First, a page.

The opportunities I was given during my time at IBM and my natural curiosity have led me to the path I’m on now and there’s no better next career step than a once-in-a-lifetime-opportunity to help launch a company. The core of my role at Kyndryl is to create a culture centered on our people and growing up in my career at IBM has allowed me to see first-hand how to prioritize people and ensure they are at the heart of progress in everything Kyndryl will do.

How would you describe your leadership style?

I believe that people aren't your greatest assets, they are your only assets. My platform and background for leadership has always been grounded in authenticity to who I am and centered on diversity and inclusion. I immigrated to the US from Chile when I was 10 years old and so I know the power and beauty that comes from leaning into what makes you different from other people, and that's what I want every person in my marketing organization to feel – the value in bringing their most authentic self to work every day. The way our employees feel when they show up for themselves authentically is how they will also show up for our customers, and strong relationships drive growth.

I think this is especially true in light of a world forever changed by the pandemic. Living through such an unprecedented time has reinforced that we are all humans. We can't lead or care for one another without empathy and I think leaders everywhere have been reminded of this.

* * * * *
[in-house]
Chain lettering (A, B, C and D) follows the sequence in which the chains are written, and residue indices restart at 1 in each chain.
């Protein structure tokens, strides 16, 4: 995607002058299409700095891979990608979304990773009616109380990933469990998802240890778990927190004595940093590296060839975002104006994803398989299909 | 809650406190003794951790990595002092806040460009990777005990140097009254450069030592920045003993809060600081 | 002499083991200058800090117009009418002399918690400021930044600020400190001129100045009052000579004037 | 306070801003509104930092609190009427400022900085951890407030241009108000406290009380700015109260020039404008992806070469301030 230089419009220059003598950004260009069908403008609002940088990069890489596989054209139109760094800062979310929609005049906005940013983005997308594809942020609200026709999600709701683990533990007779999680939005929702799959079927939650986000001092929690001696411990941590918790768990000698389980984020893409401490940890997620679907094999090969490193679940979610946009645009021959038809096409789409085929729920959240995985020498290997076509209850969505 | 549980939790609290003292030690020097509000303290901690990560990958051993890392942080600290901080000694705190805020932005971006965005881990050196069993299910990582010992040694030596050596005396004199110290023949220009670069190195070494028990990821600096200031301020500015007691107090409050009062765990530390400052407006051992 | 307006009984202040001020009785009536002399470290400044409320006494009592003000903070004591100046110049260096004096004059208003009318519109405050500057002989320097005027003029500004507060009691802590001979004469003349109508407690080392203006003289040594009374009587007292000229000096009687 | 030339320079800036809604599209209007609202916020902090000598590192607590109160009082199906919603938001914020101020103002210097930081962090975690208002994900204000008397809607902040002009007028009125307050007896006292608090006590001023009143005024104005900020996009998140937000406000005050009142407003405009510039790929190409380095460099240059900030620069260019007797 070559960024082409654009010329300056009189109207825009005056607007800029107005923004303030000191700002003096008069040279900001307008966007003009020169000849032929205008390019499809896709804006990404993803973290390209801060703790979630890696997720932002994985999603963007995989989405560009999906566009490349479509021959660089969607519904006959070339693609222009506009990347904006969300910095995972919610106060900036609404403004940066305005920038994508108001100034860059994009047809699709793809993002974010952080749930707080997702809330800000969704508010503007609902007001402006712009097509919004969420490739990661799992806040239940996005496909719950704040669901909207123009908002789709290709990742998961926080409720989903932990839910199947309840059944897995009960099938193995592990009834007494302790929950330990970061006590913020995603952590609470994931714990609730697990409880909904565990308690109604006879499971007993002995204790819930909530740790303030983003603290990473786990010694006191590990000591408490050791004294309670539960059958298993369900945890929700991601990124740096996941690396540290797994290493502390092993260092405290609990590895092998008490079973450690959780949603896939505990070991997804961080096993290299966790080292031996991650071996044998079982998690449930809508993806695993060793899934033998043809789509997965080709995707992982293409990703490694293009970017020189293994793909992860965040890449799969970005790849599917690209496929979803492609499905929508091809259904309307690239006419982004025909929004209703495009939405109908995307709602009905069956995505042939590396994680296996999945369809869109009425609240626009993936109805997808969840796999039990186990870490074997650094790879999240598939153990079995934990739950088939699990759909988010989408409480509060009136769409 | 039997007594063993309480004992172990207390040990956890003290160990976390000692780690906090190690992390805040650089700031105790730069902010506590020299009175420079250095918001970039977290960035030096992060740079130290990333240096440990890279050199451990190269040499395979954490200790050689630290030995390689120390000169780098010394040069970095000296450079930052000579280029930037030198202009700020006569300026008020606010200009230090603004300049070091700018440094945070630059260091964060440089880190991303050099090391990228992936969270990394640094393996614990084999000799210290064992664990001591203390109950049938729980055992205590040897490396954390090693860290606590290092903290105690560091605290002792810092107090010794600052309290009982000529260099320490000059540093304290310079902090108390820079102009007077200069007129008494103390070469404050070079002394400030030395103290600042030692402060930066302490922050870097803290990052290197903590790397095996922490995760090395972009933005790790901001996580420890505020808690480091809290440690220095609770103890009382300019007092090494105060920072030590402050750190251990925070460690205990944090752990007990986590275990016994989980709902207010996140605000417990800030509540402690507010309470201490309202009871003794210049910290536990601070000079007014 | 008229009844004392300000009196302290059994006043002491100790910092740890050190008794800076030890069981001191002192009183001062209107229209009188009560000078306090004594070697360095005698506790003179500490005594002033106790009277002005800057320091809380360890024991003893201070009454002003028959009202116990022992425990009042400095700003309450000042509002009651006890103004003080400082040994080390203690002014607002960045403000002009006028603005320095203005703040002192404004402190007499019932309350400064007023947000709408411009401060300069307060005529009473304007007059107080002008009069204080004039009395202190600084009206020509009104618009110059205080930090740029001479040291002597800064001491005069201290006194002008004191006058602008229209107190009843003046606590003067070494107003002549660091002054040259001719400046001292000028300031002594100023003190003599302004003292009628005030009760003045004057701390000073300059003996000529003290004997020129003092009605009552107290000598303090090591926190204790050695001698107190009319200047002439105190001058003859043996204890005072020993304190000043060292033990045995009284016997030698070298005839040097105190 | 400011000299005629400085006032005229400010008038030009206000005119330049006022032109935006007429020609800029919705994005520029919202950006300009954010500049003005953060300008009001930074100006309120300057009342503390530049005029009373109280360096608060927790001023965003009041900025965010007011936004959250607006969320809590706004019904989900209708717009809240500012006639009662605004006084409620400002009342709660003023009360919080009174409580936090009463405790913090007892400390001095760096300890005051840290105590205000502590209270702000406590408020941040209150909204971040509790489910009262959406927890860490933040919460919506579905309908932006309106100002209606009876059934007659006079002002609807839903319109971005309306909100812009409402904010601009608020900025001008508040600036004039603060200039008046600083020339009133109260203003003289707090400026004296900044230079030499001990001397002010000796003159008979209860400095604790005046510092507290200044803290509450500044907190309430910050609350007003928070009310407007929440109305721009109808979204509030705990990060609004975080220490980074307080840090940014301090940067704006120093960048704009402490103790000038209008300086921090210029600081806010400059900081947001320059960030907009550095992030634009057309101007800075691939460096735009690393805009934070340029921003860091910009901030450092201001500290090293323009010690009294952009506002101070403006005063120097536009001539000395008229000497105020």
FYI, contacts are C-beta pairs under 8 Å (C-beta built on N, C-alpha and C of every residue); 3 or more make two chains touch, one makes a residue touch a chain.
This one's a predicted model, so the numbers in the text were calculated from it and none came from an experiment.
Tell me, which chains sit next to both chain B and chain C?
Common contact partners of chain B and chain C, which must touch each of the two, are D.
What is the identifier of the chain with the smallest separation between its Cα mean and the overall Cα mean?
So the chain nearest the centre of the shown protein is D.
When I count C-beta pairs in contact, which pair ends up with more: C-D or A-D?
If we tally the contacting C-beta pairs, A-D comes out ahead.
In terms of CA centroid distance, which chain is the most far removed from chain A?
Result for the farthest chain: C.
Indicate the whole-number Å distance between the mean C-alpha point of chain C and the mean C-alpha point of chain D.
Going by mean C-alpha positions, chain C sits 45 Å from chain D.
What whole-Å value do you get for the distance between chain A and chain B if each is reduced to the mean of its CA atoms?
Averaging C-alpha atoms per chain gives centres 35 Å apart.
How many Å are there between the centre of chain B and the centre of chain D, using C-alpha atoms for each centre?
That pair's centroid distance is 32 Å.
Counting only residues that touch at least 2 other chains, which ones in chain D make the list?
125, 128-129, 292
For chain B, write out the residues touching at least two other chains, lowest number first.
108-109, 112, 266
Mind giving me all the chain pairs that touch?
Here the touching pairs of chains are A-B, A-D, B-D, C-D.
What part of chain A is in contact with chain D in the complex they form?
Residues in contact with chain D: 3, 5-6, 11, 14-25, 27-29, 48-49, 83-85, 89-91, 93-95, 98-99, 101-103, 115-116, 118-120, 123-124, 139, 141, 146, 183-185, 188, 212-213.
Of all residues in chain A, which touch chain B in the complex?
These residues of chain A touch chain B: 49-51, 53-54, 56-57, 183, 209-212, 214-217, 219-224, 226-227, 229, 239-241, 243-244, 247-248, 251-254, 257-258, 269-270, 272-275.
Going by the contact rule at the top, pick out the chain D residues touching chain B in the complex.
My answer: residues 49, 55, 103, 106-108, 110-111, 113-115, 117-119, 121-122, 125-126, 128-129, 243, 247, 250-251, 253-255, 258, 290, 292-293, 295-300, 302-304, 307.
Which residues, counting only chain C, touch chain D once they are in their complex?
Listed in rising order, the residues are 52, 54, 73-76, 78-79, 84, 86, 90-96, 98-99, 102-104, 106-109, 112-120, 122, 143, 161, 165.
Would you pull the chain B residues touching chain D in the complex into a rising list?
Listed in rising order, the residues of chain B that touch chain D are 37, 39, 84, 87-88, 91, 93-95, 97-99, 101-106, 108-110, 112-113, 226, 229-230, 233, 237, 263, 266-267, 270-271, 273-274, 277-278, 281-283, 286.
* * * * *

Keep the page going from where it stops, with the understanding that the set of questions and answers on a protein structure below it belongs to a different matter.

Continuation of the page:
What’s the best leadership advice you’ve received?

When I was growing up as an immigrant in North Carolina, I often wanted to be just like everyone else. But my mother always told me: Be unique, be memorable – you have an authentic view and experience of the world that no one else will ever have, so don't try to be anyone else but you.

What does success look like to you?

I think the concept of success is multi-faceted. From a career perspective, being in a job where you're respected and appreciated, and where you can see how your contributions are providing value by motivating your teams to be better – that's success! From a personal perspective, there is no greater accomplishment than investing in the next generation. I love mentoring younger professionals – they are the future. I want my legacy as a leader to include providing value in work culture, but also in leaving a personal impact on the lives of professionals who will carry the workforce forward. Finding a position in life with a job and company that offers me a chance at all of that is what success looks like to me.

What advice would you give to your younger self just starting out in the industry?

I've always been a naturally curious person and it's easy for me to over-commit to projects that pique my interest. I've learned over years of practice how to manage that, so to my younger self I’d say… prioritize the things that are most important, and then become amazing at those things.